Thomas McPike enlisted in the British army at the young age of sixteen in the year 1759. A native of Ballinderry parish in County Antrim, Ireland, he had learned no trade and as such fell under the general category of "labourer". In the army he fared well, rising to the rank of serjeant within only four years, suggesting that he was well-educated and highly capable, perhaps someone who aspired to become an officer but lacked the patronage or social standing achieve such a goal. By the beginning of 1776 he was a sergeant in the 62nd Regiment of Foot's grenadier company, the tallest, most fit men in the regiment.
The 62nd was among the regiments that sailed from Ireland to Quebec, driving off American forces that had besieged that city and chasing them all the way to Lake Champlain before the end of 1776. The following year they were in the army led by General John Burgoyne that advanced from Canada towards Albany.
Soon after landing in Quebec in 1776, the 62nd's grenadier company joined grenadier companies from nine other regiments to form a grenadier battalion. This battalion was part of the advance guard on the 1777 campaign and saw heavy fighting at the Battle of Hubbardton in July, the Battle of Freeman's Farm in September, and the Battle of Bemis Heights in October. Somewhere on the campaign, probably in one of these battles, McPike was wounded in the leg; in period parlance, this referred to the part of the leg below the knee, the upper part being called the thigh. When the British army capitulated at Saratoga in October, McPike became a prisoner of war.
The prisoners - presumably including Thomas McPike - were marched first to the Boston, Massachusetts area, then a year later to Virginia, and finally to Lancaster, Pennsylvania in 1781. In the meantime, his wife Sarah and child Samuel had found their way to Newport, Rhode Island by January 1779. How they got there has not been determined. Most likely they had stayed behind in Quebec when Burgoyne's army marched south in June 1777, and then taken a passage from Quebec to Newport. From Newport they boarded the armed victualling ship Maria on January 31 and sailed to the city of New York, disembarking there on February 9. From there Sarah and Samuel's whereabouts are unknown until June 1781, when the British prisoners of war arriving at Lancaster included "Sjt. McPike & Wife". Somehow Sarah had joined her husband in captivity. And young Samuel was now old enough to be Drummer Samuel McPike.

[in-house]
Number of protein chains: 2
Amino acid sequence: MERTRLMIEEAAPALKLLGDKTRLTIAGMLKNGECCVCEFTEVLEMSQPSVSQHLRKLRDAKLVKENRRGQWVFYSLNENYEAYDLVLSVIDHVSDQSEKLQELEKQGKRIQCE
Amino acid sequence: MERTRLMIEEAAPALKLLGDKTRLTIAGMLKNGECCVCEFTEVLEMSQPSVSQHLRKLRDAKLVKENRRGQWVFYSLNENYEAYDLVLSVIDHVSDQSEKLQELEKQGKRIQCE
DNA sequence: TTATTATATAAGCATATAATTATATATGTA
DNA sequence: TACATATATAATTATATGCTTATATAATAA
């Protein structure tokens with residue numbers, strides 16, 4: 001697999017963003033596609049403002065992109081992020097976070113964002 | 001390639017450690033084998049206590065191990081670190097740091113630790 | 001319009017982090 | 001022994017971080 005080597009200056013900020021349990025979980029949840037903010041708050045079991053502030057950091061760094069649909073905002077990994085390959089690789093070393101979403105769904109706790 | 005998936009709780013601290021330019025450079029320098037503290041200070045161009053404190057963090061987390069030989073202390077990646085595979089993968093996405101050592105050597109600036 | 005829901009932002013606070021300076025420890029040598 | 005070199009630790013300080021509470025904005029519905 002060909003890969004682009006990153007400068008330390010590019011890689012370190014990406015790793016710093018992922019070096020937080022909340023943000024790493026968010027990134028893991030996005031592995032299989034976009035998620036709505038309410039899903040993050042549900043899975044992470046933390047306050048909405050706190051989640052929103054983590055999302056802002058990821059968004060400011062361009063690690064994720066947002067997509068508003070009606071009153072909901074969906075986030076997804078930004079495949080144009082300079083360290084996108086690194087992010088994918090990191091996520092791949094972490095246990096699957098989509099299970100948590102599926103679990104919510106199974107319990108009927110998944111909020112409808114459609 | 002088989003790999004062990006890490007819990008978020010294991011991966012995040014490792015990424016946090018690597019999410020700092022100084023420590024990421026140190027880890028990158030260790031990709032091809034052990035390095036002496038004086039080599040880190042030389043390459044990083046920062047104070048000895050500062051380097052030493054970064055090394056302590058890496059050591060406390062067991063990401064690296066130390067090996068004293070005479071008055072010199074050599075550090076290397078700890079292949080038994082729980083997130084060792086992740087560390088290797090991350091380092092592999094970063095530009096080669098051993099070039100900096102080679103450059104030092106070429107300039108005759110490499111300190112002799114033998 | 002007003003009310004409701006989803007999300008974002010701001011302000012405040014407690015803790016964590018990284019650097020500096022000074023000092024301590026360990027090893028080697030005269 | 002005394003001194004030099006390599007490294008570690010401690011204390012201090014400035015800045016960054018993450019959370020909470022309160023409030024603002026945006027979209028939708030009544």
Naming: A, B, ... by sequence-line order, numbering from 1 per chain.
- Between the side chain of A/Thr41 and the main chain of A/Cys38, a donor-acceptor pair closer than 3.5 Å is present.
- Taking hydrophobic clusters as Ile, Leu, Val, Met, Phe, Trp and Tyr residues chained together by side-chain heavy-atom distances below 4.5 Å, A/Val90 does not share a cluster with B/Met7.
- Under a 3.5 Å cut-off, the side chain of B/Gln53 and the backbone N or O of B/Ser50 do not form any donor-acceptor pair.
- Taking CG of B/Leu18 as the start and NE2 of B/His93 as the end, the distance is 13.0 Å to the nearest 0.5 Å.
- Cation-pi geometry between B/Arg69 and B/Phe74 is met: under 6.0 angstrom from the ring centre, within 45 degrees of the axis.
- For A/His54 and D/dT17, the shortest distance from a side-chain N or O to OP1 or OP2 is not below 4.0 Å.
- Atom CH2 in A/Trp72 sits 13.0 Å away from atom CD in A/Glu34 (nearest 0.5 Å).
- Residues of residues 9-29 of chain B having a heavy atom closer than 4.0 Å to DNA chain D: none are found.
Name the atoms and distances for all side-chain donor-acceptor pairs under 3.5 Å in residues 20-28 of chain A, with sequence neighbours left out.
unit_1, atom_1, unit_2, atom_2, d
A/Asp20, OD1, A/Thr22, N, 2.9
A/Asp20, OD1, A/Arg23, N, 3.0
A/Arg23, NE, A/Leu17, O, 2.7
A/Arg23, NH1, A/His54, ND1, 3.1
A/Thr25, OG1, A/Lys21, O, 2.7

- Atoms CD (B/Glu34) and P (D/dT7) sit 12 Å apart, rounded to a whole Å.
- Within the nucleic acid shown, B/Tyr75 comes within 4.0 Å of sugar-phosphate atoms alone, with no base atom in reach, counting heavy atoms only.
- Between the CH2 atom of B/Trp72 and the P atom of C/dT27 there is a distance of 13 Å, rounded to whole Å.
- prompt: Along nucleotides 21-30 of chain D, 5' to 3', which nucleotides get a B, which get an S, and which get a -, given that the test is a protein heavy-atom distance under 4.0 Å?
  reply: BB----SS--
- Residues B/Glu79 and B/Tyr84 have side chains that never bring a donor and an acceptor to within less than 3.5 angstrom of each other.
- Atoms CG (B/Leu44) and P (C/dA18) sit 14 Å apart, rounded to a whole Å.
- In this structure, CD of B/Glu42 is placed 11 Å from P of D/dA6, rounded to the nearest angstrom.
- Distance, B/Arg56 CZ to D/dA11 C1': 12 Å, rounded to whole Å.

The prisoners were finally freed in the first half of 1783, after a peace treaty formally ended the war. From Lancaster they walked to the City of New York, still a British garrison, and in June Sergeant Thomas McPike and Drummer Samuel McPike along with about forty soldiers and fifteen of their wives boarded the British sixty-four-gun warship Lion. They boarded on June 21, and disembarked at Portsmouth, England on July 24. Thomas McPike accepted his discharge from the army after twenty-four years of service and received an army pension; Samuel continued as a drummer in the 62nd Regiment.
But Sarah was not with them on the voyage. What became of her? Nothing more has been found about her after her arrival in Lancaster in June 1781. It would be nice to hope that she survived and found her own way back to England and her family, or at least made a new life for herself in America. But probably not. She probably died in captivity, the same fate that befell many of the Saratoga prisoners, one of many whose fate is unknown.
[Information for this article comes from the muster rolls of the 62nd Regiment of Foot, army pension admission books, and muster books of HMS Maria and HMS Lion, all in the British National Archives; and the list of prisoners sent to Lancaster, in the Peter Force Papers, Library of Congress.]